Ringtones fool wayward leopards into capture
By Kate Ravilious
NATIONAL GEOGRAPHIC NEWS
When leopards approach, your cell
phone's ringtone could save your life, according to a new program in the western
Indian state of Gujarat.
Villagers there are now using “clucking,” “bleating” and “mooing” ringtones to
distract the big cats and lure them away from human settlements.
By attaching a mobile phone to a cage and playing one of the animal ringtones
continuously, local forest guards can lure the leopard into the trap without
“The moos of a cow or bleating of a goat from the phone has proved effective,”
said D. Vasani, a senior forest official.
Since the new ringtone method was introduced a month ago, guards have captured
five leopards and released them successfully back into forests.
In Gujarat, leopards frequently roam into human settlements searching for easy
meals. Villages near the forests are particularly vulnerable, with farmers often
losing livestock to a hungry leopard. Occasionally, the big cats attack people.
When a leopard is spotted near a village, guards are called in to capture the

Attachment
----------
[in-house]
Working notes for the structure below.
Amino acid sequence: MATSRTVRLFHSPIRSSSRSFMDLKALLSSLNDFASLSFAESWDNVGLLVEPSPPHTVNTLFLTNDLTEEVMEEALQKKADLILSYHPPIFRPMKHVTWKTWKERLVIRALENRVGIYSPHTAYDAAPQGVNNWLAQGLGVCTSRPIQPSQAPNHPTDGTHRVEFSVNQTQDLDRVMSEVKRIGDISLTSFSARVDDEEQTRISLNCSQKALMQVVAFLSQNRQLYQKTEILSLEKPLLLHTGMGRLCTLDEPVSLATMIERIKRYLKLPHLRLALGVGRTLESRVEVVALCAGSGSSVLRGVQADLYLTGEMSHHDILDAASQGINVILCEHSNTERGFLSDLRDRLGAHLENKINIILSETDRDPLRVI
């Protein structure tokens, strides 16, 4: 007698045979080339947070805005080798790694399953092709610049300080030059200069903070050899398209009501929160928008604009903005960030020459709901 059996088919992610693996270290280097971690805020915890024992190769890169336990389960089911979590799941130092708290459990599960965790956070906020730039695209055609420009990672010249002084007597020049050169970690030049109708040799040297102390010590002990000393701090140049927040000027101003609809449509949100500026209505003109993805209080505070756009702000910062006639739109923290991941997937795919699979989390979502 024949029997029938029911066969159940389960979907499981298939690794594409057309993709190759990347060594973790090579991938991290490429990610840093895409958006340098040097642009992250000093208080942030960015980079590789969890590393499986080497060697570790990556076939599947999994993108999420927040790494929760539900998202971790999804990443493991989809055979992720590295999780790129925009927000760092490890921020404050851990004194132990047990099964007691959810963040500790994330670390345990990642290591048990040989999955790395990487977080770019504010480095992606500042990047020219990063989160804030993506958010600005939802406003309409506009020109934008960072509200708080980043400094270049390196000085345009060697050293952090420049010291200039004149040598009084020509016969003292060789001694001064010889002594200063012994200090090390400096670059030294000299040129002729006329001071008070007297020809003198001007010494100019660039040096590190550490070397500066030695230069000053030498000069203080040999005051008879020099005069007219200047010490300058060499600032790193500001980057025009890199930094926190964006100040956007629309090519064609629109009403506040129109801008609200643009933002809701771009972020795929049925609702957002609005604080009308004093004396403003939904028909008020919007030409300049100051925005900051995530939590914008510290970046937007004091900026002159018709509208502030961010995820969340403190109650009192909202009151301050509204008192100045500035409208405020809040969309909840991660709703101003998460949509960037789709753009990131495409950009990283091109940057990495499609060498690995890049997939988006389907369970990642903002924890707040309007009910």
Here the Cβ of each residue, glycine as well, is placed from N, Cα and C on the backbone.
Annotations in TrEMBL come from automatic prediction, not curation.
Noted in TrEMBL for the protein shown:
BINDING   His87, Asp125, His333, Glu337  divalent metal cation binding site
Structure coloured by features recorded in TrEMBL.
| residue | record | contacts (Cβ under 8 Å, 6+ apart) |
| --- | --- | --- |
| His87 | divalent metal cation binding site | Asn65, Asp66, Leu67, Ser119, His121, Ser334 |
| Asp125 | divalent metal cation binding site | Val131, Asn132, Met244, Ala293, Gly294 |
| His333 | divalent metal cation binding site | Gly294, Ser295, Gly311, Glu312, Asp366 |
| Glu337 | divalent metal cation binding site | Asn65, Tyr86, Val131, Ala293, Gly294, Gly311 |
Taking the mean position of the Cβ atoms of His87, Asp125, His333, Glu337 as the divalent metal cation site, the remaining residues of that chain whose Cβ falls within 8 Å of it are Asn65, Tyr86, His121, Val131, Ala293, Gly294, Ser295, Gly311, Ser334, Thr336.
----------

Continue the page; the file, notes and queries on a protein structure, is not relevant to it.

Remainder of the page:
animal and take it back into the forest. But this is no easy task, since the
roaming animal can weigh up to 176 pounds, and it brandishes sharp teeth and
Traditionally the forest guards have used live bait – such as a goat tied to a
tree – to lure the leopard into a large camouflaged hole. As well as being
unpleasant for the goat, this method can also result in injury to the leopard
when it crashes into the hole.
Gujarat isn't the only place where villagers have a problem with visiting
leopards. The most widespread of the big cats, leopards can be found in India,
Africa, China, Siberia and Korea. They are very adaptable and live in forests,
jungles, cold mountainous regions, open savannas and even urban areas.
But many subspecies of leopard, such as the Amur leopard in Russia, are
critically endangered because of reduction in habitat and competition for space
As part of efforts to preserve the animals, there is hope that India's new, more
humane capture technique could be applied worldwide.